7 Valuation Metrics to Use as a Value Investor - No BS Investing
Posted 464 views July 15, 2022, 10:00 - Elisabeth in Investing

7 Valuation Metrics to Use as a Value Investor

Calculating valuation metrics is a big part of researching and buying stocks that are undervalued in the market. These metrics help you analyze company fundamentals to determine if the company is a strong one and if its stock is overvalued or undervalued. 

Here are seven popular valuation metrics used by value investors that you can calculate before you invest in a specific company. 

Key Takeaways:

  • Working Capital Ratio = Current Assets / Current Liabilities
  • Quick Ratio = Cash + Cash Equivalents + Current Equivalents + Short-Term Investments / Current Liabilities 
  • Earnings per Share = Net Profit / Total Number of Shares
  • Price to Earnings Ratio = Current Stock Price / Earnings per Share
  • Debt-to-Equity Ratio = Total Liabilities / Total Shareholders’ Equity
  • Return on Equity = Net Income / Shareholder’s Equity
  • Price-to-Book = Market Capitalization / Book Value of Equity

valuation metrics

1. Working capital ratio

Also known as the current ratio, the working capital ratio shows you the company’s ability to pay for current liabilities (e.g., rent payments) with its current assets (e.g., cash and cash equivalents). Here’s the formula:

Working Capital Ratio = Current Assets / Current Liabilities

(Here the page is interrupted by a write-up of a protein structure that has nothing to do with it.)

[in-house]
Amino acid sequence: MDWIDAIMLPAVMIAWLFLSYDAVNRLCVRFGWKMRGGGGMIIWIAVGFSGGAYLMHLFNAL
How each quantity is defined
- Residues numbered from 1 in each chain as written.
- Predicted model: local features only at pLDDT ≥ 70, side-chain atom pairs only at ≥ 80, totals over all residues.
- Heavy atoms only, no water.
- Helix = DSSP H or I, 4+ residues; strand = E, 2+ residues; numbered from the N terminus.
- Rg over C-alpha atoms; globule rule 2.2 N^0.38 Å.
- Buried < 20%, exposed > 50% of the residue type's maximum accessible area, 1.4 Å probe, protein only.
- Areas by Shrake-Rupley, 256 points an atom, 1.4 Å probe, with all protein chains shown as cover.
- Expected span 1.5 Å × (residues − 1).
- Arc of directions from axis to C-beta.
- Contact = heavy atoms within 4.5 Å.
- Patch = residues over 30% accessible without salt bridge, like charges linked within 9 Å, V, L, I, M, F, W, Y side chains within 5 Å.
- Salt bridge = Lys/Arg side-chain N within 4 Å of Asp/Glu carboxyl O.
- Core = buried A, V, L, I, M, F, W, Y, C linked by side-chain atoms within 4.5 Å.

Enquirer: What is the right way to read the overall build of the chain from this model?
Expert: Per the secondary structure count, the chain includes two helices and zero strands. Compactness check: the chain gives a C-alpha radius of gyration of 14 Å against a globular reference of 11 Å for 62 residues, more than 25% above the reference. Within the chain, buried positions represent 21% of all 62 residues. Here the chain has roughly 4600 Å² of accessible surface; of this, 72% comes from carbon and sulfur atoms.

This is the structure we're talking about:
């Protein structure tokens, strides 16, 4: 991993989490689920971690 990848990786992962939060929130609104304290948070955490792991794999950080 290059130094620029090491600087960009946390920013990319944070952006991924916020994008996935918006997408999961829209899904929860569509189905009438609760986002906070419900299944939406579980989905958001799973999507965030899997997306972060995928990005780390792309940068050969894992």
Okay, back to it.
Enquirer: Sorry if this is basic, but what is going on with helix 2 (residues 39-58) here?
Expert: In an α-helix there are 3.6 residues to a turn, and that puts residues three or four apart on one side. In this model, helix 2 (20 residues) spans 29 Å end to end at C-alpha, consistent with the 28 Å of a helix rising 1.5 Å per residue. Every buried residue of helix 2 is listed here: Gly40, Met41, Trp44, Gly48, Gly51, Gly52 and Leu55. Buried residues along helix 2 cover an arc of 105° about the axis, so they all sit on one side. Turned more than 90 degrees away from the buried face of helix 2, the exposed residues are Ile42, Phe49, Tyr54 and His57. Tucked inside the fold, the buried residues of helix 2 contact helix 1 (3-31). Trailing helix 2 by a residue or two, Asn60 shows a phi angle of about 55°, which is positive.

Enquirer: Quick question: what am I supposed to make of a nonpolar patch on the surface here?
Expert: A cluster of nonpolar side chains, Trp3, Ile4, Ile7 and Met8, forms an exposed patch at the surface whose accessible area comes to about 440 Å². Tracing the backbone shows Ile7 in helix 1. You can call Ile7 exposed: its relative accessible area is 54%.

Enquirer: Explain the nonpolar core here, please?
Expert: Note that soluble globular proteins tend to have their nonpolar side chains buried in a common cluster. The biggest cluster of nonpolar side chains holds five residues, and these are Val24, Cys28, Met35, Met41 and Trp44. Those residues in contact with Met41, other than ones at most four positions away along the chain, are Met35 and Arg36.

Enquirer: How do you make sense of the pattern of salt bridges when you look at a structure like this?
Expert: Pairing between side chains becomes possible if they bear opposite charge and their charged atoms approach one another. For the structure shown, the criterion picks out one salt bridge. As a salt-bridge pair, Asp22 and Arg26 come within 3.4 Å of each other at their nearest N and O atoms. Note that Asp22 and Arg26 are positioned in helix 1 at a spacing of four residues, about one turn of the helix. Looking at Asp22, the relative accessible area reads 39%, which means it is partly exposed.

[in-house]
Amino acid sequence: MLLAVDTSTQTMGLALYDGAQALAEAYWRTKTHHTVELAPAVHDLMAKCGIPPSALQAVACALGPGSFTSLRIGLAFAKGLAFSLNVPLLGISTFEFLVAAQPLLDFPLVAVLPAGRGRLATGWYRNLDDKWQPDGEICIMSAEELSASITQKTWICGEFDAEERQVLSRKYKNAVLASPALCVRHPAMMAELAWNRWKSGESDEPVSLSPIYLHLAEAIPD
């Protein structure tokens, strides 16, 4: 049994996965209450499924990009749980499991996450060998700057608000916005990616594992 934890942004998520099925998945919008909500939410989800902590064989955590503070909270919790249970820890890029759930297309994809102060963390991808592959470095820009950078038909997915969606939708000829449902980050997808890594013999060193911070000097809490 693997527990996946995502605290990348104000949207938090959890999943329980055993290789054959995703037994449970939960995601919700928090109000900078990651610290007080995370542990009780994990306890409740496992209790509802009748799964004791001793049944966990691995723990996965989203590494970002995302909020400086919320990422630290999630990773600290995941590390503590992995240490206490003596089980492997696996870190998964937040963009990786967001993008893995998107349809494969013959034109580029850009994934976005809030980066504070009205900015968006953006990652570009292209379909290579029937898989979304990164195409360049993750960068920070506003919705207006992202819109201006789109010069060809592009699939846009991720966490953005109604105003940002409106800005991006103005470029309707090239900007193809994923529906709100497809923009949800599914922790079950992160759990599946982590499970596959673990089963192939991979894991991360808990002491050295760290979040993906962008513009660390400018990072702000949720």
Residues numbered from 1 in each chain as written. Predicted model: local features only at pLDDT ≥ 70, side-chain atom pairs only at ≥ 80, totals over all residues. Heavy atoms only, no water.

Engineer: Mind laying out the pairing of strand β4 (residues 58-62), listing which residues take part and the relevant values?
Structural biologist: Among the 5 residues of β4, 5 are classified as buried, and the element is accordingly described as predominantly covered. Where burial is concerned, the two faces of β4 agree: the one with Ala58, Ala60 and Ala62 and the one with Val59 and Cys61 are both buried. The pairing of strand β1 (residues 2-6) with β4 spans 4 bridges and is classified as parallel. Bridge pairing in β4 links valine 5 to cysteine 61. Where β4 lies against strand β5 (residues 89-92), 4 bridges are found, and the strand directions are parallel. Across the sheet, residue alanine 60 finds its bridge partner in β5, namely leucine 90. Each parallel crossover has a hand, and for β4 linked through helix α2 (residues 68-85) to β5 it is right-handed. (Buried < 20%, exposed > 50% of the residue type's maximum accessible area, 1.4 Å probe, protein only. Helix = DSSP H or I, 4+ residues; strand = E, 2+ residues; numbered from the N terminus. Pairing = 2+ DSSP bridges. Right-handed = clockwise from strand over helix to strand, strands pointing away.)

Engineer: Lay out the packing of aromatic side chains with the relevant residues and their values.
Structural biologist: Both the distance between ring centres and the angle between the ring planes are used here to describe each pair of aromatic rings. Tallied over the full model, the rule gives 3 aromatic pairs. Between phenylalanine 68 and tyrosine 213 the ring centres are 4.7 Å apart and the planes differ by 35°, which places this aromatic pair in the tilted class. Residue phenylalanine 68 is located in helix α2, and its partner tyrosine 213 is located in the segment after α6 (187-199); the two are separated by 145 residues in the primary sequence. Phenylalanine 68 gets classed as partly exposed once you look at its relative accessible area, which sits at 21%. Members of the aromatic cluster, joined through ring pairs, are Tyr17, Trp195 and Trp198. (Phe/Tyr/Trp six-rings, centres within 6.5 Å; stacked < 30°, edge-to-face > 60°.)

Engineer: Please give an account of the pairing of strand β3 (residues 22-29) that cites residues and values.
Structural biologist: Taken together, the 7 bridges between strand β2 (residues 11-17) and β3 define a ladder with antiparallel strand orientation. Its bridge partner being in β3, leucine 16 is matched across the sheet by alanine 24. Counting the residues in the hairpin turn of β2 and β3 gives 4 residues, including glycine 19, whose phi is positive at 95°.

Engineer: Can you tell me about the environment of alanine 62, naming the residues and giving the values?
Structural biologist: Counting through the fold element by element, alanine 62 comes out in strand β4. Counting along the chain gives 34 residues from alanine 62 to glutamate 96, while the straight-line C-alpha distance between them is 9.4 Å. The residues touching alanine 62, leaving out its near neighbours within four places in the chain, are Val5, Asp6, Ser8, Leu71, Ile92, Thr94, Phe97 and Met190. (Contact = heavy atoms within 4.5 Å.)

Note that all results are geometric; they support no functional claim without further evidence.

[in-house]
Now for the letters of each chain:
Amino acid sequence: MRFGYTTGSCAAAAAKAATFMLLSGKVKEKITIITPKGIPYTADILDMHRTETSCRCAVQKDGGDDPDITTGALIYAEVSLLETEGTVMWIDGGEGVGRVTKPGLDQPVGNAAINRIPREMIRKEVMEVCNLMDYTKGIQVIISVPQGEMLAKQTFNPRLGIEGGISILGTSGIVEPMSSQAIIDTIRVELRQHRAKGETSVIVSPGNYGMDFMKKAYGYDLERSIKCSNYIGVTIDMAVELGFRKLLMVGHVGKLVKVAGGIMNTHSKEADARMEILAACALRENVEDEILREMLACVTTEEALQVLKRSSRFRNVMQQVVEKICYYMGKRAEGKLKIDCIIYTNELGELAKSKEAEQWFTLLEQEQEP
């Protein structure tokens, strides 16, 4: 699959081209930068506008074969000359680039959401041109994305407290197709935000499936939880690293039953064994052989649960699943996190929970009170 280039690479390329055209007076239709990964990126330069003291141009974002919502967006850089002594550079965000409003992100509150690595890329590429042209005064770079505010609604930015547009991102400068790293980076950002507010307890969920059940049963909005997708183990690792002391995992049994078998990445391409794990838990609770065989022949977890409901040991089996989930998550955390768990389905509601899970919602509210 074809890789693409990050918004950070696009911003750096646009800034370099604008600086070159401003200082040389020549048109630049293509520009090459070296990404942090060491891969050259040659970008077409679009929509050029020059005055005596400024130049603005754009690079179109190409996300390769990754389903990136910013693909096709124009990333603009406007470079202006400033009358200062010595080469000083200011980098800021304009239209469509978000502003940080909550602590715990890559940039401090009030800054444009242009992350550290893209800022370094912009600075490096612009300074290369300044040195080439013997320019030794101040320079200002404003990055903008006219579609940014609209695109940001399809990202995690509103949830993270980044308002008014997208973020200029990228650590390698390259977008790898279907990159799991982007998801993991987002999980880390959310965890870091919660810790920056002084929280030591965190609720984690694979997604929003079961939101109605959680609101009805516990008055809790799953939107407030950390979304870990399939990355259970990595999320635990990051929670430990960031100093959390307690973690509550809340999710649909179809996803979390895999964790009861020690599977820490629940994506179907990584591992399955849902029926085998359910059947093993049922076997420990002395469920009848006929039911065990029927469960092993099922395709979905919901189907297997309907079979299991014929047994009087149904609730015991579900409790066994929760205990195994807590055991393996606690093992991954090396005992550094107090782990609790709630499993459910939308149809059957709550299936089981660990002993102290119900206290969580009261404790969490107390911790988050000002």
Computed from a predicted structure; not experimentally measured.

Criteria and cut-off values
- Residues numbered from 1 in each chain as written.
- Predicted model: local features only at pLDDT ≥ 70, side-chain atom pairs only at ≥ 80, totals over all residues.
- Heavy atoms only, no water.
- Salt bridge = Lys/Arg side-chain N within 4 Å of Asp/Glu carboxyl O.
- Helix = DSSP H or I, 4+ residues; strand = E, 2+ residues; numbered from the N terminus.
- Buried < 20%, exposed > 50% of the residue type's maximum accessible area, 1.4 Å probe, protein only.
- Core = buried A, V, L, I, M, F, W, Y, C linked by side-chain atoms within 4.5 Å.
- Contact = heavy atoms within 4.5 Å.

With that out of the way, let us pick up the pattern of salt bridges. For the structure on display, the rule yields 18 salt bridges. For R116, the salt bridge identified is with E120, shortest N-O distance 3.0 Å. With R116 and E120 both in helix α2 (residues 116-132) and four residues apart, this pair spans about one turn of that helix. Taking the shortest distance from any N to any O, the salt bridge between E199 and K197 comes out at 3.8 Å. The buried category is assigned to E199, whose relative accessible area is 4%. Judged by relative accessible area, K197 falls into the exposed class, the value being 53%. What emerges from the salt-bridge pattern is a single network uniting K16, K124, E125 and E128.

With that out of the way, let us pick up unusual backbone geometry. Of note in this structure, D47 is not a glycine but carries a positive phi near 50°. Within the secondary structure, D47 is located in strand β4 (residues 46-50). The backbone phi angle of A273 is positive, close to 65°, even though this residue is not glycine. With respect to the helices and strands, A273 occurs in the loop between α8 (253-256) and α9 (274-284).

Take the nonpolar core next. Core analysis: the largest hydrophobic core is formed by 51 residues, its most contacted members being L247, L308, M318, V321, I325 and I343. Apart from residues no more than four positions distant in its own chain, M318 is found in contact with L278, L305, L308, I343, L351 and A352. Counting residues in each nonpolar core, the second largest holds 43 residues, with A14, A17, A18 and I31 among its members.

Find current assets and liabilities on the company’s balance sheet (use a free tool like last10k.com to access these statements). A good working capital ratio is typically between 1.5 and 2. Lower than 1.0 could mean liquidity problems in the future (aka not being able to quickly generate enough cash to pay off debt if needed). 

Say that XYZ Company has $900,000 of current assets and $1,000,000 of current liabilities. Its working capital ratio is 0.90. Now say that XYZ Company has $900,000 of current assets and $800,000 of current liabilities. Its working capital ratio is exactly 1.1.

Compare a company’s working capital ratio with other companies in the same industry. For example, Target has a working capital ratio of .99 (a bit low but you also have to look at other metrics). This number is on track with other general merchandise retailers including Walmart (.95 working capital ratio) and Costco (1.03 working capital ratio). 

2. Quick ratio

Similar to the working capital ratio, the quick ratio measures how well a company’s current assets could cover its current liabilities. 

But instead of looking at all assets like the working capital ratio, this ratio only looks at assets that can be converted to cash within 90 days or less. Here’s the formula:

Quick Ratio = Cash + Cash Equivalents + Current Equivalents + Short-Term Investments / Current Liabilities 

A quick ratio of more than 1.0 is considered less risky than a company with a quick ratio of less than 1.0.

You can find quick cash information on your selected company’s balance sheet, and the current liabilities. Say that XYZ Company has quick assets of $20,000 (in millions) and current liabilities of $30,000 (in millions). The quick ratio would be .67, which suggests the company might have trouble paying off debts using only quick assets. 

However, if XYZ Company has quick assets of $20,000 (in millions) and current liabilities of $21,000 (in millions), the company has a quick ratio of .95. This means it’s in a better position to cover current liabilities with its liquid assets. 

3. Earnings per share (EPS)

Earnings per share (EPS) is a calculation that shows how profitable a company is on a per-share basis. 

EPS = Net Profit / Total Number of Shares

A company is more likely to be profitable if it has a higher EPS. Compare the company’s EPS with the industry’s EPS (aka the peers) to determine if it’s good. Say that XYZ Company’s net income from 2021 is $10M dollars. They had 2M shares outstanding.